This is from religionclause.blogspot.com which you can find here:

“In Goodman v. Archbishop Curley High School, Inc., (D MD, Feb. 26, 2016), a Maryland federal district court refused to dismiss a former high school librarian’s Title IX retaliation claim against the Catholic high school from which she was fired.  Librarian Annette Goodman reported to the school’s administration evidence that another faculty member was having a sexual affair with one of the school’s students. The school fired Goodman claiming that she delayed too long reporting her concerns to the school. Goodman says the firing was an attempt to deflect attention from the school’s indifference to sexual abuse.  The court rejected the school’s claim that Title IX’s religious organizations exemption requires dismissal of Goodman’s lawsuit, saying in part:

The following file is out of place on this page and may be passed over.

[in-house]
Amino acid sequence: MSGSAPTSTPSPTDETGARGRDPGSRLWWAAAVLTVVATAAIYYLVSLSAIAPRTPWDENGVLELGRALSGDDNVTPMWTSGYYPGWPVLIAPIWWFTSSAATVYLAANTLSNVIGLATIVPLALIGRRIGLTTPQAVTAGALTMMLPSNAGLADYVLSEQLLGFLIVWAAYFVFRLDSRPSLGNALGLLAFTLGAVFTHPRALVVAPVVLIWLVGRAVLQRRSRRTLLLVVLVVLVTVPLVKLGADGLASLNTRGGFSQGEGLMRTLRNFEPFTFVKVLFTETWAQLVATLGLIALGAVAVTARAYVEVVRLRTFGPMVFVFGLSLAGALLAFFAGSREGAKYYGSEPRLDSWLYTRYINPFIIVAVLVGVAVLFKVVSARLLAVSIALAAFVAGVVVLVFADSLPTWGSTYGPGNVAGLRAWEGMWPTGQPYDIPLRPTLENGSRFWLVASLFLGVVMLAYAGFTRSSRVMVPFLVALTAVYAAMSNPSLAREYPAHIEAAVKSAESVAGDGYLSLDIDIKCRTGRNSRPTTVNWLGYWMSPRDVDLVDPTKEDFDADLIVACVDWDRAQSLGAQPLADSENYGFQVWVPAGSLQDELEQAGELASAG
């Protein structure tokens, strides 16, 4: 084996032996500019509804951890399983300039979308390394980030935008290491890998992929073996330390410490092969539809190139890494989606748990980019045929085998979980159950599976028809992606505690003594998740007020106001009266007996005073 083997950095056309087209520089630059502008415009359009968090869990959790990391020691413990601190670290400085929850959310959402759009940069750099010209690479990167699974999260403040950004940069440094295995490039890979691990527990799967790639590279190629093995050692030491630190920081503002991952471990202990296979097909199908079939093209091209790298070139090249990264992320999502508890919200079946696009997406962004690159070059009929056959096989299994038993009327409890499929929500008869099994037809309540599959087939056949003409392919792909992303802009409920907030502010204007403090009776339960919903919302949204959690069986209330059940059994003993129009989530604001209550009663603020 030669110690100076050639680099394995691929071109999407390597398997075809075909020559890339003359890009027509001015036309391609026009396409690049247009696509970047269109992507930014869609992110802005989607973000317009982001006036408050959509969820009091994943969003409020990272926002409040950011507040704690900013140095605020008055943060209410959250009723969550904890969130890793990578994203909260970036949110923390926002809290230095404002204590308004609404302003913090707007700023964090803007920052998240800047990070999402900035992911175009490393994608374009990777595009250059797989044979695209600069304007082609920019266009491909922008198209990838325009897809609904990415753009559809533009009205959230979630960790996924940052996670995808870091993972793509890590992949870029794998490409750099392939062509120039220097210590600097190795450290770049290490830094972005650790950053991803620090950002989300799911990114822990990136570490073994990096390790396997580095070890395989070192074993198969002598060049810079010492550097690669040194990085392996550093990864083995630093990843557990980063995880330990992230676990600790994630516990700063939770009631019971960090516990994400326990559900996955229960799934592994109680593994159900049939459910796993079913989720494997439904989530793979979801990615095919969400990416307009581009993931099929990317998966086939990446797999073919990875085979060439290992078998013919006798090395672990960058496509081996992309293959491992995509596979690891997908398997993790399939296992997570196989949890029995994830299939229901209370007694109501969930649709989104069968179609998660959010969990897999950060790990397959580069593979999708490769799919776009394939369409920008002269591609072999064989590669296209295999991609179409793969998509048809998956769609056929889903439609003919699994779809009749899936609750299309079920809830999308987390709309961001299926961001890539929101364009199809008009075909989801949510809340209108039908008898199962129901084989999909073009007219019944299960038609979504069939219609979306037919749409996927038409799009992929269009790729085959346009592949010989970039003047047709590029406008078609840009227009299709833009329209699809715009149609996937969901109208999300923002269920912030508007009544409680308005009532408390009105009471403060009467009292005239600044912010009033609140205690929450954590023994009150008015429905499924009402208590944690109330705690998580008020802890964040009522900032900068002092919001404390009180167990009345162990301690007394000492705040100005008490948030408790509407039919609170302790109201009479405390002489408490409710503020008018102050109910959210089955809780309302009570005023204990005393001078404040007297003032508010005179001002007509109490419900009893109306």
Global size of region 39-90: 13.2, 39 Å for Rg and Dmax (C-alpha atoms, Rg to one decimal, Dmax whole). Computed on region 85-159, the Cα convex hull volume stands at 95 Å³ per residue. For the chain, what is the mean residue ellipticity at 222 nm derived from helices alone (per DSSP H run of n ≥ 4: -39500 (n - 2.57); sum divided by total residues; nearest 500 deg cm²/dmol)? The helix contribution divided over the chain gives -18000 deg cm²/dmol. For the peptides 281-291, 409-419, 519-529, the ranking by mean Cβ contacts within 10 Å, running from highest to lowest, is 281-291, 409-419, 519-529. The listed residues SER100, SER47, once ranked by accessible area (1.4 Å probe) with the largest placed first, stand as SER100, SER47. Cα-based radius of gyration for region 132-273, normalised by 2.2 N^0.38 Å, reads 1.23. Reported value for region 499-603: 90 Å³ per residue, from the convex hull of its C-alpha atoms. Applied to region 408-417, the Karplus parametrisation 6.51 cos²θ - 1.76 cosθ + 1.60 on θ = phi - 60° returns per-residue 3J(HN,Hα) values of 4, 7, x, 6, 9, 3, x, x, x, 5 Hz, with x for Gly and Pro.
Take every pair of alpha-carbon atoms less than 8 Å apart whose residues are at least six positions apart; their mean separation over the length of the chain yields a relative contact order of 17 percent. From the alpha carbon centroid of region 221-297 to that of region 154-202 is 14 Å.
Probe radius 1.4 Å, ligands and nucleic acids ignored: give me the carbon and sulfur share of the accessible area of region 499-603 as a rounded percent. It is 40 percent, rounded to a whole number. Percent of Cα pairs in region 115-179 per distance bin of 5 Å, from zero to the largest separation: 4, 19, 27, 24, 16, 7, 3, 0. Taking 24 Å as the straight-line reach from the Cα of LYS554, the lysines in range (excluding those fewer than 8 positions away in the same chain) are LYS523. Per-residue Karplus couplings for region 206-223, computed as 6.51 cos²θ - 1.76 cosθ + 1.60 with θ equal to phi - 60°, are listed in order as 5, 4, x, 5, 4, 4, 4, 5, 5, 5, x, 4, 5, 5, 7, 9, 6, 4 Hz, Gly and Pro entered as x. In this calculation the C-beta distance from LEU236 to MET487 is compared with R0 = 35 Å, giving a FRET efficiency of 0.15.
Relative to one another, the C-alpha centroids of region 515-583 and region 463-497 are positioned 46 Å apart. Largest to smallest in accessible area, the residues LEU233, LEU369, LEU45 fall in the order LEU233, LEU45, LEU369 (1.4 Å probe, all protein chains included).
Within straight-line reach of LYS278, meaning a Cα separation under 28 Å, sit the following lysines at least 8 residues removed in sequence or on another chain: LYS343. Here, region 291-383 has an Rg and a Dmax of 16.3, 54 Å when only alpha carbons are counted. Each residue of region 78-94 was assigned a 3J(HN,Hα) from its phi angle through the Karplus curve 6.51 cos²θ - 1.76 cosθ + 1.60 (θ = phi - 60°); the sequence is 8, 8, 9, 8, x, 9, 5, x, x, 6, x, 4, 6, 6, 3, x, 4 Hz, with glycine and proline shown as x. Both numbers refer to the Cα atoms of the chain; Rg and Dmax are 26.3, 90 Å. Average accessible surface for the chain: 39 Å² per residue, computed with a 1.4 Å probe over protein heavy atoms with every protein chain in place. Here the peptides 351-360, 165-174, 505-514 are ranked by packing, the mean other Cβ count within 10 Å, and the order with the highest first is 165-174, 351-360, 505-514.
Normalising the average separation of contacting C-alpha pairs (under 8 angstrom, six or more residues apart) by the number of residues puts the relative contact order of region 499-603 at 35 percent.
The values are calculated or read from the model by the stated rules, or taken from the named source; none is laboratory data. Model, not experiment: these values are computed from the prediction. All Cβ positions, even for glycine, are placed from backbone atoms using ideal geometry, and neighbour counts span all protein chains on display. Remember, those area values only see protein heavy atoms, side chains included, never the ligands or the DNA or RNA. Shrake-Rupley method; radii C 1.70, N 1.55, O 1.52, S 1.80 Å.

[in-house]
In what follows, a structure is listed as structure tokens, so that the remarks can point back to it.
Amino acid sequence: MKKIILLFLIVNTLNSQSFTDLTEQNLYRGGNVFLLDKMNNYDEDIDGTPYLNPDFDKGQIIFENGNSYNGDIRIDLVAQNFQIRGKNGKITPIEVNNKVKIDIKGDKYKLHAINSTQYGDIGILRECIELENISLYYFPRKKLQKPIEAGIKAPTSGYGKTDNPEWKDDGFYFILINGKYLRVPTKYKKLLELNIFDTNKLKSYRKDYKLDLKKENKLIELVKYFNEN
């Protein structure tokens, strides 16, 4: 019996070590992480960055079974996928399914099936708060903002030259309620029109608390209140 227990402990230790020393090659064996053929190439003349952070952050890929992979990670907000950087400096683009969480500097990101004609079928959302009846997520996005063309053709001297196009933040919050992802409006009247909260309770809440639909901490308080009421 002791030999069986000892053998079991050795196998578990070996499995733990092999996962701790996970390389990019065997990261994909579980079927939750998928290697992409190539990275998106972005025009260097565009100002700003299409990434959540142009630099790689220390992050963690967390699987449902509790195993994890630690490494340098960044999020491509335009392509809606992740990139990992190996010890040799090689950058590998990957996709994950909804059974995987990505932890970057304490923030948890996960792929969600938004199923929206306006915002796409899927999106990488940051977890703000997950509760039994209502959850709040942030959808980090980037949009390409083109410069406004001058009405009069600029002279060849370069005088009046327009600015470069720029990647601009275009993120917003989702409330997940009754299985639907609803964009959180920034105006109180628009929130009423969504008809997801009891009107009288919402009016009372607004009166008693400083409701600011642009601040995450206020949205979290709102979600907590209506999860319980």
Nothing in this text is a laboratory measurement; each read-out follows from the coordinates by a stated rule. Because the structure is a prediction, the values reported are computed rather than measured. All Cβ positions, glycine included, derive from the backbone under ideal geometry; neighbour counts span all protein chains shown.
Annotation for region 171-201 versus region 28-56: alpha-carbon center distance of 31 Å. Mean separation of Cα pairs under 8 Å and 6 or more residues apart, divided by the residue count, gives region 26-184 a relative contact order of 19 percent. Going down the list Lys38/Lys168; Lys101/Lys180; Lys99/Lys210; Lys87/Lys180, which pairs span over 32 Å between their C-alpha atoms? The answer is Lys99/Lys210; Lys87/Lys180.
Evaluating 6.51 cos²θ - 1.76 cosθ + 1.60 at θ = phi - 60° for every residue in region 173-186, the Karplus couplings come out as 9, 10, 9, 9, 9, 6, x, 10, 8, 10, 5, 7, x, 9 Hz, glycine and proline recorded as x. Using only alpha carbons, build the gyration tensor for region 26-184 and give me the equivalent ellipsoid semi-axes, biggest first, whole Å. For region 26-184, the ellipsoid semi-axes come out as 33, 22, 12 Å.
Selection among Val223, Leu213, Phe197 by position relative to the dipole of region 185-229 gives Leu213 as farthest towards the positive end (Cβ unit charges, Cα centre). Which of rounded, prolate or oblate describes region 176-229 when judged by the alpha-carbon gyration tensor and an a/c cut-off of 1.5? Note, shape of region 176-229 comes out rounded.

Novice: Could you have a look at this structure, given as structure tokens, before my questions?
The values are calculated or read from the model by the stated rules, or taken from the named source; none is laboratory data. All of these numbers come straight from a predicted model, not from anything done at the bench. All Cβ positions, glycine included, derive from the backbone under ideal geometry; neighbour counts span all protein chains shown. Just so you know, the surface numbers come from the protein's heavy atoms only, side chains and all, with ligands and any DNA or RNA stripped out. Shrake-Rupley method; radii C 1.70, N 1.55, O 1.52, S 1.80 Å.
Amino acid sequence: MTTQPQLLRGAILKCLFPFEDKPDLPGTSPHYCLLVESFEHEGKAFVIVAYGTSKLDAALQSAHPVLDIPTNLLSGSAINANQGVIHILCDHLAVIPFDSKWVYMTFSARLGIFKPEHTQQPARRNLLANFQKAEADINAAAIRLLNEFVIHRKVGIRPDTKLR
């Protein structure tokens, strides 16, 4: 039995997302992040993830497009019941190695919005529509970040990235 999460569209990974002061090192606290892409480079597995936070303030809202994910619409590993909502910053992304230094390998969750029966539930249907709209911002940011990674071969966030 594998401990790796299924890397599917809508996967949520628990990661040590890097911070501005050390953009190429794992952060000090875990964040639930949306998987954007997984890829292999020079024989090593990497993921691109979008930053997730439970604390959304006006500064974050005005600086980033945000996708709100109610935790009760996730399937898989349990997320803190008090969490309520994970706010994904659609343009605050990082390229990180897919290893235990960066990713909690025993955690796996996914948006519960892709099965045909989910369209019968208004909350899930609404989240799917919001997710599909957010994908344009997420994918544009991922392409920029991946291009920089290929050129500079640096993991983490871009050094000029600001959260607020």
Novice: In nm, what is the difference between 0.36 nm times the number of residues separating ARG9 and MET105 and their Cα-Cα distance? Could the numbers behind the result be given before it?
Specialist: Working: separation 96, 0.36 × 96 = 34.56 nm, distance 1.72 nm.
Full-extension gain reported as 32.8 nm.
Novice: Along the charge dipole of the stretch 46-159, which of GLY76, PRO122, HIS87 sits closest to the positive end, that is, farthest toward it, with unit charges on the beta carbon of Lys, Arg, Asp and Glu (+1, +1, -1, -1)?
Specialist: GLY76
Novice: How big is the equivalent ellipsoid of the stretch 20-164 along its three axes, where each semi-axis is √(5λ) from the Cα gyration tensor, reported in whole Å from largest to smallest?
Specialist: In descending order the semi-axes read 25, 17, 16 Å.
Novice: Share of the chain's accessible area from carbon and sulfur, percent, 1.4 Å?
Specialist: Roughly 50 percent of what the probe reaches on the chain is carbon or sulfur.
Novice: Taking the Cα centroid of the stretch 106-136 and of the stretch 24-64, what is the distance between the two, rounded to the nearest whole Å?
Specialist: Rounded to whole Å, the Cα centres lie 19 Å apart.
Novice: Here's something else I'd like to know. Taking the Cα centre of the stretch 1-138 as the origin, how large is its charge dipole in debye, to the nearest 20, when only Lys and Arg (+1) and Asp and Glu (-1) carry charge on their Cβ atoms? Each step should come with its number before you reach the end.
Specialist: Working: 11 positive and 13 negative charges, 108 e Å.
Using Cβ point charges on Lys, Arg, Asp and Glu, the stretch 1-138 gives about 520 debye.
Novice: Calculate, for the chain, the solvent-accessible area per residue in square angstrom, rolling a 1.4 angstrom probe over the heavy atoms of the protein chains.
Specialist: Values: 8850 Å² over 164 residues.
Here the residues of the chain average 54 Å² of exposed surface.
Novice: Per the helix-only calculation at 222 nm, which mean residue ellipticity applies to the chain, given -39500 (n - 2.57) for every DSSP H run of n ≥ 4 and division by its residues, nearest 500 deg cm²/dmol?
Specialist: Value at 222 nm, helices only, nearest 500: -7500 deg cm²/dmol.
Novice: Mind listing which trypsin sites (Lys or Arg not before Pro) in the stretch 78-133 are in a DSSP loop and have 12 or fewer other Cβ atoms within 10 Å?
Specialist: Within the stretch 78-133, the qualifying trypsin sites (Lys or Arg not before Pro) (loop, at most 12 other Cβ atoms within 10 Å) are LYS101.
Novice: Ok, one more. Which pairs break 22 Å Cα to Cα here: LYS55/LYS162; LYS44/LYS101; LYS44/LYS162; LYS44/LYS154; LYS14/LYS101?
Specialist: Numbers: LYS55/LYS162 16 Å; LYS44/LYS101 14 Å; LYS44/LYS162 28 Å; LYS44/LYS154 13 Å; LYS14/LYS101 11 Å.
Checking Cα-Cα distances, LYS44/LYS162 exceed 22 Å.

The position of the Defendants … is that Title IX’s religious organizations exemption bars any employment discrimination or retaliation claim against them if they define their actions as tenets of their religion. There is a noticeable lack of case authority supporting such a broad application of the religious exemption.

The court also rejected defendants’ claims that their rights under the First Amendment and RFRA would be violated by allowing the suit to move forward. ”

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Prayer At School Board Meetings Governed By School Prayer Criteria

This is from religionclause.blogspot.com which you can find here: